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Orange Haze

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About Orange Haze

  • Rank
    Star Forming

Profile Information

  • Gender
    Male
  • Interests
    I first got the spark for stargazing when I was around 12 and started to ask some of those big questions to which there are few answers. I wrote a letter to Sir Patrick Moore and was astounded when I had a reply from the man himself. This spurred me on more and the next present from my parents was a Tasco 70mm scope. I still have this scope today and while it doesn't get much use, I can't bear to part with it.

    Since then my interest has peaked and waned and peaked again over the years, as other interests and a wonderful family took up more time. But now I find myself firmly back in the grip of the stargazing bug and am enjoying every minute.

    Other than astronomy, I am known to play tennis and golf, as well as taking my kayak out to sea when the weather permits. In fact nearly every hobby I have depends on our blessed British weather being fair. Oh well..... :)
  • Location
    Sidmouth, Devon
  1. #1 would have to be the solar eclipse I saw in South Carolina last year. Over two minutes of blackout, a truly emotional moment and well worth the 12 hour round trip! #2 - Saturn. Saw it first in a crummy old Tasco telescope but it still blew me away. When I eventually saw it in my Dob, it was like winning the astronomy jackpot! What I really want to see now is a comet on a close fly by.......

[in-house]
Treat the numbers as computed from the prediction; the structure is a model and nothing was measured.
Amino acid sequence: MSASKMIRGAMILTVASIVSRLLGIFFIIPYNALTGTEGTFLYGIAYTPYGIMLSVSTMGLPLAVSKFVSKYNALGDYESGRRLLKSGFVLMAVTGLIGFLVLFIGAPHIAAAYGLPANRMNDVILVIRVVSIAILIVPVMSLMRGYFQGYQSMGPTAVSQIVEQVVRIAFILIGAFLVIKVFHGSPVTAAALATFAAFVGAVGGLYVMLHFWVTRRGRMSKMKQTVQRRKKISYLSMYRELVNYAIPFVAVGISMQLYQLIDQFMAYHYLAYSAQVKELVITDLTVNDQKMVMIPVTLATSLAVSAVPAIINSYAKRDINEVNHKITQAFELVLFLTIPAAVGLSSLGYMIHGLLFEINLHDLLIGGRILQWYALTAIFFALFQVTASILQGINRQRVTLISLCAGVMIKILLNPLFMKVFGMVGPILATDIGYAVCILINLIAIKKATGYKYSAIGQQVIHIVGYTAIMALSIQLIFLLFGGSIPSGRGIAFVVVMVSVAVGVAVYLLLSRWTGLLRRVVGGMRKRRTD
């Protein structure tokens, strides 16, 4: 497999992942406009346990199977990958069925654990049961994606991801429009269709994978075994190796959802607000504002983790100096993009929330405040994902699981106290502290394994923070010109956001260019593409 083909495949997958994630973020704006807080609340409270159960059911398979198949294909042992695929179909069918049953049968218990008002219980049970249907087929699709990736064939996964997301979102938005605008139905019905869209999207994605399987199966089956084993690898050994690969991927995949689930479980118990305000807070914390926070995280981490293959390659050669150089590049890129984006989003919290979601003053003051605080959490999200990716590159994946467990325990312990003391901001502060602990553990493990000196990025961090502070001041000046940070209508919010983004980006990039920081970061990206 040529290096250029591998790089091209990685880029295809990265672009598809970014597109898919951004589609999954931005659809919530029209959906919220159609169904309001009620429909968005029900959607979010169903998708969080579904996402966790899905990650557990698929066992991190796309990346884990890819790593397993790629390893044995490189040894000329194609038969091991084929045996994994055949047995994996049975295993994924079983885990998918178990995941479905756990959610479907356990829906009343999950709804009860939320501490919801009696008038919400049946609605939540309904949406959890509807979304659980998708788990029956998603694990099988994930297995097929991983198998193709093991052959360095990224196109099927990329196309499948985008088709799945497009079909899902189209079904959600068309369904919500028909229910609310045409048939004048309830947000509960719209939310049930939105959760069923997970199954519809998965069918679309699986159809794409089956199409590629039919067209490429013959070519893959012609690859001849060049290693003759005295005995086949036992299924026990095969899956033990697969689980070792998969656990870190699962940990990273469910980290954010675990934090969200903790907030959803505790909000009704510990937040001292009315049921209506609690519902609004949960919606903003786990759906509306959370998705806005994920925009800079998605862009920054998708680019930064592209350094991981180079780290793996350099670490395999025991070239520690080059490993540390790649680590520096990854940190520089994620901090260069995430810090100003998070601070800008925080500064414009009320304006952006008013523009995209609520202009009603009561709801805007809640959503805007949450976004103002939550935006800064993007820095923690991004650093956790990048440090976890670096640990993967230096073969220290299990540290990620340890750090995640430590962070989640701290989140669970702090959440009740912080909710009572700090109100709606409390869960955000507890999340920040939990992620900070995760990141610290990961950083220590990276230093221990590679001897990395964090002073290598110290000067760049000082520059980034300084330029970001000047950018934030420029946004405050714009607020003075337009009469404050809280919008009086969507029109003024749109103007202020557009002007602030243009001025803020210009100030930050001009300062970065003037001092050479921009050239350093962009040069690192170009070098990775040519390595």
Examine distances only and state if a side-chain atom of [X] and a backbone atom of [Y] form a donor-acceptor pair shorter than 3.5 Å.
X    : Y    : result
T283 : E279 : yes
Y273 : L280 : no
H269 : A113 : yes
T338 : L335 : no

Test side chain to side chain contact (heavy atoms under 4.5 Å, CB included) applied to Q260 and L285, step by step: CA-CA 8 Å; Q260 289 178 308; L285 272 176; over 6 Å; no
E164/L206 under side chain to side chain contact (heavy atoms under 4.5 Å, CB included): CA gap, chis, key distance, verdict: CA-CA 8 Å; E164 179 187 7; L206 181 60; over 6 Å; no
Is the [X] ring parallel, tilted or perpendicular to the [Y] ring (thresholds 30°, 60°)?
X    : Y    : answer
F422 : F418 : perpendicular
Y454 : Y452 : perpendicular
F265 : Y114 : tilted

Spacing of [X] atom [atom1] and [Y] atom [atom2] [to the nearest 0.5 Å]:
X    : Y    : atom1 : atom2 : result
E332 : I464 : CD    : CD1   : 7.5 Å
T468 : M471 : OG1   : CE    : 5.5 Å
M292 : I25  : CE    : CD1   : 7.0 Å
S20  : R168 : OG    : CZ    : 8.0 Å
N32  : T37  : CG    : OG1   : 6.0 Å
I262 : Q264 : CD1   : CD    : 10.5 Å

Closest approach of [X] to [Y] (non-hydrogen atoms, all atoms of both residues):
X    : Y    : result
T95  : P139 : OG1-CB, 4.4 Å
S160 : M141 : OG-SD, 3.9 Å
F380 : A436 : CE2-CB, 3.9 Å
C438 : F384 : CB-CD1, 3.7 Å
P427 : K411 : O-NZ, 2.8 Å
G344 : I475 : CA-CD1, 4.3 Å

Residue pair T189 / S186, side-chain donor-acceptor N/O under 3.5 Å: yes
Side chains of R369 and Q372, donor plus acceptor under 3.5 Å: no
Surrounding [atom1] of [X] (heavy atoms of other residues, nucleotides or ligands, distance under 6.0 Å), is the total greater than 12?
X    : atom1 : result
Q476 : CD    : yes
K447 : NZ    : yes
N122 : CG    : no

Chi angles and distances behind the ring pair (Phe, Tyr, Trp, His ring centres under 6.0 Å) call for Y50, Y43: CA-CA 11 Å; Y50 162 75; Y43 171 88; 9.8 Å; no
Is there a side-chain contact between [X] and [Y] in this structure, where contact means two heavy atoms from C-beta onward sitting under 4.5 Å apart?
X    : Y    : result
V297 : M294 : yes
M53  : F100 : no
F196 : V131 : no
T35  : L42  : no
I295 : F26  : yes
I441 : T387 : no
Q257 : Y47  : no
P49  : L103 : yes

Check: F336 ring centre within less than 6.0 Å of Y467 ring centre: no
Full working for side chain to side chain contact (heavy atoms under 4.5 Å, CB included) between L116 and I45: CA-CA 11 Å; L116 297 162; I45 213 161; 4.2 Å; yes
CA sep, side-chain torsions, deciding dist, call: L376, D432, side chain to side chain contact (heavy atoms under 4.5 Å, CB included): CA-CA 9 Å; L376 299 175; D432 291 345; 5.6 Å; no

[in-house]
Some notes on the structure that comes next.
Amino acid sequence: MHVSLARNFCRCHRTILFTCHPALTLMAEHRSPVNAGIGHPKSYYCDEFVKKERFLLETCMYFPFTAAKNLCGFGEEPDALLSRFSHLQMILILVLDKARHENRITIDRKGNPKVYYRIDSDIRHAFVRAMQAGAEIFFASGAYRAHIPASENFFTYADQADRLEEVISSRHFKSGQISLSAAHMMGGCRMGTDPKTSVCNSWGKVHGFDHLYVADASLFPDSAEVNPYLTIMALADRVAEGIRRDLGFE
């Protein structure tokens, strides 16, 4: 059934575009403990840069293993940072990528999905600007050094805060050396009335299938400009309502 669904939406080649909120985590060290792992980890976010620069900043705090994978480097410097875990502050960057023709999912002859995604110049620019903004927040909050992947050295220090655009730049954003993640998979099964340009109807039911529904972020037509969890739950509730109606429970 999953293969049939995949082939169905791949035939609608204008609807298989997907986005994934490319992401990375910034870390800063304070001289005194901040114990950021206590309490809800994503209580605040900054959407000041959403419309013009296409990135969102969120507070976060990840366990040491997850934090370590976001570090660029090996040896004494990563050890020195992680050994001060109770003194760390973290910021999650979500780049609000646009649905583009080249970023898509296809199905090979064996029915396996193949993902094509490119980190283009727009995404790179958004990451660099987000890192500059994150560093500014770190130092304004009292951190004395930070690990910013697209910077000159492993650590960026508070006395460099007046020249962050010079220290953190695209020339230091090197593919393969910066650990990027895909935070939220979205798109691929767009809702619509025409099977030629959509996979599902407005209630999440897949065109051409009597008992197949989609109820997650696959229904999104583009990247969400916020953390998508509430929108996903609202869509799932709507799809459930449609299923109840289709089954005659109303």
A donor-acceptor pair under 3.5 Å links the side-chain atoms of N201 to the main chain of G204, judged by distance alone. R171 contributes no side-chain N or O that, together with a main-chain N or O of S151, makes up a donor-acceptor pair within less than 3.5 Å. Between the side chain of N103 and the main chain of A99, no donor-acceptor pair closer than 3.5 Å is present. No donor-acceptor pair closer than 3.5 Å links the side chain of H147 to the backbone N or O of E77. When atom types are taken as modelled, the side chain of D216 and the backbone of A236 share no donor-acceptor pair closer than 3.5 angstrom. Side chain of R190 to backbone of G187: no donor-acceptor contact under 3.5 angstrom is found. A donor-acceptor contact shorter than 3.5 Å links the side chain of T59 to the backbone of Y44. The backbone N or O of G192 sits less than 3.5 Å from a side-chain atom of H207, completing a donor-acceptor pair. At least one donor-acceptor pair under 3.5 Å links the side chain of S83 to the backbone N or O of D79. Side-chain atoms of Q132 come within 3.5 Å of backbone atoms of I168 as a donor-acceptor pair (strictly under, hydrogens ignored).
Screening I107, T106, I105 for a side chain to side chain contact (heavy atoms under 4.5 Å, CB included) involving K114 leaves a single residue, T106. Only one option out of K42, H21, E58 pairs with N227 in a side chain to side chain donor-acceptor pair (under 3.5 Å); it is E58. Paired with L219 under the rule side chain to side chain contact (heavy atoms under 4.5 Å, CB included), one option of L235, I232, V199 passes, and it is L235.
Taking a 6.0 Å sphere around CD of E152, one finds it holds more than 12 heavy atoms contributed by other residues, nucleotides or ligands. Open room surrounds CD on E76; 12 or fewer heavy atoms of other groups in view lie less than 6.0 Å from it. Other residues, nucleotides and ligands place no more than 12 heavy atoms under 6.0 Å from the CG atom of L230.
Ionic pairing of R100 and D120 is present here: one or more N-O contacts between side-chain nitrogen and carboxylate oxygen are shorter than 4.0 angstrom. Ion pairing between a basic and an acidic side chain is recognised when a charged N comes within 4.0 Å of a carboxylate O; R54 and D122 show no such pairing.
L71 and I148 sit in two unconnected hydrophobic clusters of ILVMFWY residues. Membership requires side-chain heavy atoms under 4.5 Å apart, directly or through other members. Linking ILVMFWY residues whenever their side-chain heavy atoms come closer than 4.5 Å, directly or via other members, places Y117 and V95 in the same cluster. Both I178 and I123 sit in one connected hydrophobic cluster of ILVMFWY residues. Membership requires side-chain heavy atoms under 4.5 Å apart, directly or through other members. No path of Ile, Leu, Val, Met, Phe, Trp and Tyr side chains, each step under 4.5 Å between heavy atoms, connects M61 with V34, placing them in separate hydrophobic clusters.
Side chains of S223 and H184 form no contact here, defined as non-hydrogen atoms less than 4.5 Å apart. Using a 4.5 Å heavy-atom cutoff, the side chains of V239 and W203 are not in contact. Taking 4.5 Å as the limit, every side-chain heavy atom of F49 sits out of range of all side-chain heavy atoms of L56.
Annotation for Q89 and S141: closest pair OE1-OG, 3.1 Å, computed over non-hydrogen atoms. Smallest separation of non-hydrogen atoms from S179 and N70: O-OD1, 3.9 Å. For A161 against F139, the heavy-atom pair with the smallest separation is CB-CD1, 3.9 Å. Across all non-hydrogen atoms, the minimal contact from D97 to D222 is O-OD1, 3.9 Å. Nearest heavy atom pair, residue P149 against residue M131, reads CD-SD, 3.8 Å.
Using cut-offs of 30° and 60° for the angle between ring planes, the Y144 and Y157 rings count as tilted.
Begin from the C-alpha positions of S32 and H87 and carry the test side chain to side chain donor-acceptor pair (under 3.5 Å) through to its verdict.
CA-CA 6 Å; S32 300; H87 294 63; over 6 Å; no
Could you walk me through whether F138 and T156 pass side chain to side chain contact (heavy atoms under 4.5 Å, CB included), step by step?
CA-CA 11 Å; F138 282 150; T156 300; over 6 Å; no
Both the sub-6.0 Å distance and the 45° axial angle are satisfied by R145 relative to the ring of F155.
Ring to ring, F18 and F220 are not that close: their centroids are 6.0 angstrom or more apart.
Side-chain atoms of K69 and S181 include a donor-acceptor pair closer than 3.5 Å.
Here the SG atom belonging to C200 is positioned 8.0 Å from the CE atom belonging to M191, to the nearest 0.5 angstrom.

2. I did once manage to resolve Mars quite well at 240x, but only briefly and the night in question was absolutely ideal seeing. Maybe with a better eyepiece it could have been clearer, but that kind of night is pretty rare and I've come to conclusion that I am better off seeing at 180x more often than 250x rarely. The feedback on this site is always superb and as an amateur I really value the advice..... thanks!
  3. Thanks all for your responses, really appreciate it. I think I will go for the 6.7mm and if the viewing is exceptional I can always add the Talx2, although that would be extremely rare! Am hoping to take a trip to the Brecon Beacons in April so if I am lucky, I can put it through its paces up there....
  4. Last night was my first night out in 18 months. Some nice moon views and M42, but otherwise a moonshine and cloud washout. But now I am active again I am keen to add to my eyepiece set. I bought the Explore Scientific 28mm Maxvision a few years back and have been supremely impressed by it. As such I am happy to stick with ES but wanted more quality at the lower end. I am tempted by the 4.7mm (82 degree) as I love planetary viewing, but am concerned that my use of it will be limited as I am pushing the magnification a little too far. The 6.7mm may therefore be a safer option and get more use. I've so far found my 6mm BST to be rather substandard. Has anyone got experience of these eyepieces and much use of the 4.7mm in particular? Thanks All!
  5. Thanks guys. I adjusted the allen screws and it seems to have done the trick. May give the new focuser a swerve. Everyday is a school day!
  6. My factory fitted focuser has developed a mind of its own and tends to slide inwards when a heavier eyepiece is in place. Has anyone got experience of the Skywatcher mentioned? I don't want to spend huge and the price of this seems reasonable....